What are you doing with the cigarette lighter in your car? Most people aren’t using it for smoking things these days. Hyundai thinks they’re worthless, so they’re replacing them in their cars with USB ports.
So far, it’s just for Hyundais on the South Korean market beginning this month, according to Quartz and The Korea Herald. A survey conducted by Hyundai showed 84% of respondents said they didn’t use the lighter in their car and 92% said they would rather have a USB port over the lighter hole.
Which sounds about right, actually. If you drive a newer car, especially one equipped to handle your portable music device or smartphone, there’s a good chance the 12-volt socket is going unused. Or you're just using a cigarette lighter socket as a USB port.
It’s a little funny that just a decade ago, cars were getting packed with these cigarette lighter sockets – just without that springy little lighter mechanism. With portable electronics becoming commonplace, automakers got the message that people were using them to charge phones, laptops and whatever people need while they’re in their cars.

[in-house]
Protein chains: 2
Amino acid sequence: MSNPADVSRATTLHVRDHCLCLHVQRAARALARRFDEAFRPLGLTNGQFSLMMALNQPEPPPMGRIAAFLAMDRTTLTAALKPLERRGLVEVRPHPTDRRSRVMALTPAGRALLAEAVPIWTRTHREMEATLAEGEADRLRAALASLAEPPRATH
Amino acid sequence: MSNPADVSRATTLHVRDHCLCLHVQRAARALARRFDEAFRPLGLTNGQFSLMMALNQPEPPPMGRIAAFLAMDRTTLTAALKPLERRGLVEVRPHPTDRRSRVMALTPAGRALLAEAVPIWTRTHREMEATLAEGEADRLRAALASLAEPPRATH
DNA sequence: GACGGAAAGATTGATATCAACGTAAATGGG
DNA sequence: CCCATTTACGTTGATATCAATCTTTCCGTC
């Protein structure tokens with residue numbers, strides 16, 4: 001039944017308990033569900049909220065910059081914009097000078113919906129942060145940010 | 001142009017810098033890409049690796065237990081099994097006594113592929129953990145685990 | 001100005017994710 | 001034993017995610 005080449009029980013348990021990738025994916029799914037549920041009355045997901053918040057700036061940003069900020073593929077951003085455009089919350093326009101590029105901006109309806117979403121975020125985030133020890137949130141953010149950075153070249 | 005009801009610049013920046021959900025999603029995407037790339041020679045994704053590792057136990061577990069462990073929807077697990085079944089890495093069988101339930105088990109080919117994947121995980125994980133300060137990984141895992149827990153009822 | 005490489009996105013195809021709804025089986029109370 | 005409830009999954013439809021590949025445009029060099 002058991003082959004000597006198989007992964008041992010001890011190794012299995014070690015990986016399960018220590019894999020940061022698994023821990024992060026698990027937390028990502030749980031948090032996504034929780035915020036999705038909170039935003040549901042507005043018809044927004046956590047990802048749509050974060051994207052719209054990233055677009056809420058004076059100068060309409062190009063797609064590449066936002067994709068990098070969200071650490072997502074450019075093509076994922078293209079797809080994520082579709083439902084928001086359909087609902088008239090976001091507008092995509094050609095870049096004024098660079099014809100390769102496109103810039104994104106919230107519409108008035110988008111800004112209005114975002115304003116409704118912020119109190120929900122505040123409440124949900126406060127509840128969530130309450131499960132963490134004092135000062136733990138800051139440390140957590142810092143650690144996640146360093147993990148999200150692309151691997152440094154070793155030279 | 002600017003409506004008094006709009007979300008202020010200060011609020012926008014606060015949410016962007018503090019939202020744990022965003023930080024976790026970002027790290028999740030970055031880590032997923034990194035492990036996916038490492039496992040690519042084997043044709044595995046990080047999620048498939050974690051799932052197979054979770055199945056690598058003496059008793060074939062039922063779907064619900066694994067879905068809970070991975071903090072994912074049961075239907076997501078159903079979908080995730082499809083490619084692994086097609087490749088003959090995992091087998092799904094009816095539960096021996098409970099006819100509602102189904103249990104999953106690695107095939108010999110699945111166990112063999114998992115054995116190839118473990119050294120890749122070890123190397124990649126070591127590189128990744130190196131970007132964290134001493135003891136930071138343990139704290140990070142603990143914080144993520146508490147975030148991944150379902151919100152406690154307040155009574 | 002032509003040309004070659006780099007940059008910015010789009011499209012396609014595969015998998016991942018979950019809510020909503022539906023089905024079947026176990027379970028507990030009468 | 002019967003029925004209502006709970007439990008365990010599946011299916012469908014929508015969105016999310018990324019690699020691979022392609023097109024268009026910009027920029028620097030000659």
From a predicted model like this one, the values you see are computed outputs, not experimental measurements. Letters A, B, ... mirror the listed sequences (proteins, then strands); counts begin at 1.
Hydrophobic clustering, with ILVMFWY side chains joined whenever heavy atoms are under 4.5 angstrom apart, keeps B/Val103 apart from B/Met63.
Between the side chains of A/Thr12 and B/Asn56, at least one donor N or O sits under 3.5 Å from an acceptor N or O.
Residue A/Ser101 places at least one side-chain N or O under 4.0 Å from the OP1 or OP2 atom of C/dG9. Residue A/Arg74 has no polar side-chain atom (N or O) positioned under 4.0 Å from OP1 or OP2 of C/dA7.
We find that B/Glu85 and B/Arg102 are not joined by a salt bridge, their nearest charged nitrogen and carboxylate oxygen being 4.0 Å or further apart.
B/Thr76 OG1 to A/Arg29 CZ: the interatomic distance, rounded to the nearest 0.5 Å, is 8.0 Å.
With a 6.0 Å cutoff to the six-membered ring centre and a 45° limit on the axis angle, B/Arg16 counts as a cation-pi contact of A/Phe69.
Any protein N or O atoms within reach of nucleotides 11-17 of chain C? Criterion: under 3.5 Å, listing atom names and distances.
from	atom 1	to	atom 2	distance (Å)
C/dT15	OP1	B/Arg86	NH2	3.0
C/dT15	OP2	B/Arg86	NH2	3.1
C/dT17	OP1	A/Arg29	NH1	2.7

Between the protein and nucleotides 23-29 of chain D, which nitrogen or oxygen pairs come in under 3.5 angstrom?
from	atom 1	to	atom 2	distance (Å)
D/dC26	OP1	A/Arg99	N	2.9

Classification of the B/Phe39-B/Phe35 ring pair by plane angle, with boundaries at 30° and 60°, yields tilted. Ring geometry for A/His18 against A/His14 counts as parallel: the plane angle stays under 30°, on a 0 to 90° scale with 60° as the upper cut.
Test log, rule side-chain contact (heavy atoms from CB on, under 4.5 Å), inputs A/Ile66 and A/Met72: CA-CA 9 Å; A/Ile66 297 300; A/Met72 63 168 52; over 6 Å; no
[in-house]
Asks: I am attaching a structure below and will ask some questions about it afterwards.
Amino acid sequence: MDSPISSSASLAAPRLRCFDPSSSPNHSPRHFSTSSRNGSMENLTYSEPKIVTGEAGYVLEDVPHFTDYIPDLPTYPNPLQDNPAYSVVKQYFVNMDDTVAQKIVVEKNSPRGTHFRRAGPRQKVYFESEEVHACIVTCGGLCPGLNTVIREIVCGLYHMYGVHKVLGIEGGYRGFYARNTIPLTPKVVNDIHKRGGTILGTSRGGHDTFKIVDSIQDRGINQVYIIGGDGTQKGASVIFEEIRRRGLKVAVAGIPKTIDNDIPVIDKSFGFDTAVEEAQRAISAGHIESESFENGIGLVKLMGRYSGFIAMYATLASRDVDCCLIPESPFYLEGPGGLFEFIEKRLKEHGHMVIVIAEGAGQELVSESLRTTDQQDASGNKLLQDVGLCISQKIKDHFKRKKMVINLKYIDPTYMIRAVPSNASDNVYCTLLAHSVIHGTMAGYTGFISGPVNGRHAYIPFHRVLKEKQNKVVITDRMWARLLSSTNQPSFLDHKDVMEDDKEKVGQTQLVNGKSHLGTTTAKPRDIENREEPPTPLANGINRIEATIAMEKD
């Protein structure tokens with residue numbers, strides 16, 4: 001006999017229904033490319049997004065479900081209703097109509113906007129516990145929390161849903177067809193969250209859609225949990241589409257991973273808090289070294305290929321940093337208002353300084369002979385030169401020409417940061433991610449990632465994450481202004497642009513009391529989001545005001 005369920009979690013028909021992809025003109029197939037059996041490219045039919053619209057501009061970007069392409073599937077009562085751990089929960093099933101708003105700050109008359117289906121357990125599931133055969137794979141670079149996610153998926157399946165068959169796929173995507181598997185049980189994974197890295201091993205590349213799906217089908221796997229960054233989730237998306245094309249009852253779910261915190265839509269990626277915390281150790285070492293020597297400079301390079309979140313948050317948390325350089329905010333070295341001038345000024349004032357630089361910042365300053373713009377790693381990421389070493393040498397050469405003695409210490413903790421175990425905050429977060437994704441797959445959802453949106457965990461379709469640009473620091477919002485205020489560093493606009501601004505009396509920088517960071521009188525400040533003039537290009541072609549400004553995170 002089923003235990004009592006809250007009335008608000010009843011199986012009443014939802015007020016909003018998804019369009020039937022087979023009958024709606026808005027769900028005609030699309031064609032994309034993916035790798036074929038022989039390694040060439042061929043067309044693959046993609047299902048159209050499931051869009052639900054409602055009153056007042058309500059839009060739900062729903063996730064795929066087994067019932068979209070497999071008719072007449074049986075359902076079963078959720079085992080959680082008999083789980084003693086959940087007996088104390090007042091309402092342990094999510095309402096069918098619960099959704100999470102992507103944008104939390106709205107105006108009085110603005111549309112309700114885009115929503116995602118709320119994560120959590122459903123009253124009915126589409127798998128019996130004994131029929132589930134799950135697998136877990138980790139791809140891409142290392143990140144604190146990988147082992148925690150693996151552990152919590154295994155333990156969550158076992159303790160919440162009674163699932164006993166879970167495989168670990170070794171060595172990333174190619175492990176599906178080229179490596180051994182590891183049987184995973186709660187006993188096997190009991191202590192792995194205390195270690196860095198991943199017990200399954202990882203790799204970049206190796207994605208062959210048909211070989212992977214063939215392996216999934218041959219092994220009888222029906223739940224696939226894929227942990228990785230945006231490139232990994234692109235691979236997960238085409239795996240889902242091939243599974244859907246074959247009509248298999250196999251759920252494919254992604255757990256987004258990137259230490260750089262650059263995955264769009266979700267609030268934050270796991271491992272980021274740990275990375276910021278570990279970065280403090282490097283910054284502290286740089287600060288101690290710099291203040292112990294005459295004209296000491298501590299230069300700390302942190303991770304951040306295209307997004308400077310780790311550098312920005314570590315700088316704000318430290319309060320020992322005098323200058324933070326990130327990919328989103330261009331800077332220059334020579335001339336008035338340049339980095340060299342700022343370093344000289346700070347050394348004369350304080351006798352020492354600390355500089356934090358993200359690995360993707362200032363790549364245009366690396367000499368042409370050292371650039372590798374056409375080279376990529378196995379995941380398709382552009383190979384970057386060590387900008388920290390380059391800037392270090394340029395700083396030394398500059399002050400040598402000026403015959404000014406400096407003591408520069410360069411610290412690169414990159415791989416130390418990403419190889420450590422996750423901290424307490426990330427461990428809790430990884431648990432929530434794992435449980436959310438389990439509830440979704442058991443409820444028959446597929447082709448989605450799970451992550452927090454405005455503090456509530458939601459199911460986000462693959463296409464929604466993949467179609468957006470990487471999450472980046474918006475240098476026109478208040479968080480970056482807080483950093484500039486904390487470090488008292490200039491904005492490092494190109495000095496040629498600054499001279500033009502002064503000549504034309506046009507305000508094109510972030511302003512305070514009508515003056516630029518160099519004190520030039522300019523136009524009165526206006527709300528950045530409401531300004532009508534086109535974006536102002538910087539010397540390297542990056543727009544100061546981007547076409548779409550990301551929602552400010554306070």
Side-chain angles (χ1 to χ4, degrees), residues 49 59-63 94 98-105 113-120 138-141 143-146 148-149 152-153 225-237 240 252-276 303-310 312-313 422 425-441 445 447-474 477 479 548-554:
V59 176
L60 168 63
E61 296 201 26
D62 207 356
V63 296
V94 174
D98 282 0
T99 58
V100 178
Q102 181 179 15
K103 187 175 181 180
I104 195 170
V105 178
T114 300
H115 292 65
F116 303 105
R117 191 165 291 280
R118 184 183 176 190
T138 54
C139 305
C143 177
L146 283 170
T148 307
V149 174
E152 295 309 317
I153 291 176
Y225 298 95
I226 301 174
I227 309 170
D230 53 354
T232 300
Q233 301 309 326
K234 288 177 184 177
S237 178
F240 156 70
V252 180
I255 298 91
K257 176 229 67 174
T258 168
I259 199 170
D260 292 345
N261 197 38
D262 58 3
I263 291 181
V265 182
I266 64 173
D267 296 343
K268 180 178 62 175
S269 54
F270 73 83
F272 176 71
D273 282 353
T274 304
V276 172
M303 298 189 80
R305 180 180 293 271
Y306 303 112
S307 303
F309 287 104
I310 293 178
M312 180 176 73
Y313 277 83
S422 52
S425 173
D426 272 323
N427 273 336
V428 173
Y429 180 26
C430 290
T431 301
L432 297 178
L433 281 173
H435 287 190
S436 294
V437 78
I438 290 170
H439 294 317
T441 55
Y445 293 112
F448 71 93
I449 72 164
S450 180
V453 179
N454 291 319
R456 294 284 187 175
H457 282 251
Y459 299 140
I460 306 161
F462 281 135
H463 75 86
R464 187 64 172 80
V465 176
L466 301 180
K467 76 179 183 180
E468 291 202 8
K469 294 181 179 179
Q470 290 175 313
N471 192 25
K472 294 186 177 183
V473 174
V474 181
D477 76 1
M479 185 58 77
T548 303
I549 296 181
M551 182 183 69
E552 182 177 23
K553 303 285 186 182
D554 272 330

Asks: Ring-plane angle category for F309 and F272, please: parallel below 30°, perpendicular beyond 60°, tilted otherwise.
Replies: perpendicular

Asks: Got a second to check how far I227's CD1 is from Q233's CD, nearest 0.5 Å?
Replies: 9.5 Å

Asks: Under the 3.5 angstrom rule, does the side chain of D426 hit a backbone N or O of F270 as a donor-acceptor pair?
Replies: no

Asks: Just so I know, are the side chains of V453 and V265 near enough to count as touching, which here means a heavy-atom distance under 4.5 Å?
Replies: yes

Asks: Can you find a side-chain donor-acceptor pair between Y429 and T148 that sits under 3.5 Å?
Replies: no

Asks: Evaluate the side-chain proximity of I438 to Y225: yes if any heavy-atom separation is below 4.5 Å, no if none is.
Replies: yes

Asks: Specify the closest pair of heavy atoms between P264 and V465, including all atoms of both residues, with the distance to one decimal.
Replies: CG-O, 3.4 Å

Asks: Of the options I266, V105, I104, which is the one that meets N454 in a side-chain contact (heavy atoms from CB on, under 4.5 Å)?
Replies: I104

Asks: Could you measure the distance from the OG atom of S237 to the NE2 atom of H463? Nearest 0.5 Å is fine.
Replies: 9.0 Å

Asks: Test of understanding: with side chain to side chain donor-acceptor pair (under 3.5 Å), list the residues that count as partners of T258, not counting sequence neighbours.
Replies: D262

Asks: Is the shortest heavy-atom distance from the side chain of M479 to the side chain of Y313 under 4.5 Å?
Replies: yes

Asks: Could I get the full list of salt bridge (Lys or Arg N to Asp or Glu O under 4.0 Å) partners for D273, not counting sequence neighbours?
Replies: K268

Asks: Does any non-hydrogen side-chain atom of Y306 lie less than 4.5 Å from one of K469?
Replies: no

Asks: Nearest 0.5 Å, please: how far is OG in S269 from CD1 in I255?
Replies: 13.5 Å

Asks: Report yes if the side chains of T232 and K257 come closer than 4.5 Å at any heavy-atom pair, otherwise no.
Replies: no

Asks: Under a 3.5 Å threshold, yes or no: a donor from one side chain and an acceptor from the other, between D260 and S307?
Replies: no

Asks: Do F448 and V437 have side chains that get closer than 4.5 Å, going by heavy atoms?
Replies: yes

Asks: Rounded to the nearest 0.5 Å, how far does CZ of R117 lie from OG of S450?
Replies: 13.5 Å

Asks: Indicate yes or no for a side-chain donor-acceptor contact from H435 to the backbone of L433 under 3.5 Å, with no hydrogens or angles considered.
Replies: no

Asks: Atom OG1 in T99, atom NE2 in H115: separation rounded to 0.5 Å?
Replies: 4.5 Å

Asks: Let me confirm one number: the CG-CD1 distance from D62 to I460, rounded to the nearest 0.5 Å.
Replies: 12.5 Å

But then it just made sense that phones should be charged with USB ports, which is why cars like the 2015 Chevy Suburban offer six USB ports. And several cars now offer household-style 110-volt outlets so you can plug a laptop right in and so you can forget about those 12-volt adapters from Best Buy.
The people who still want an in-car lighter have been buying that accessory for $20-or-so from the parts department for years now, or have decided a $3 plastic lighter satisfies their needs.
Will the cigarette lighter socket join the in-dash cassette player in the automotive graveyard soon? It’s looking even more likely now.
UPDATE: A rep from Hyundai America assures us the 12-volt socket isn't going away from Korean-market Hyundais, just the car lighter itself.
Photo: Flickr/Tobias Toft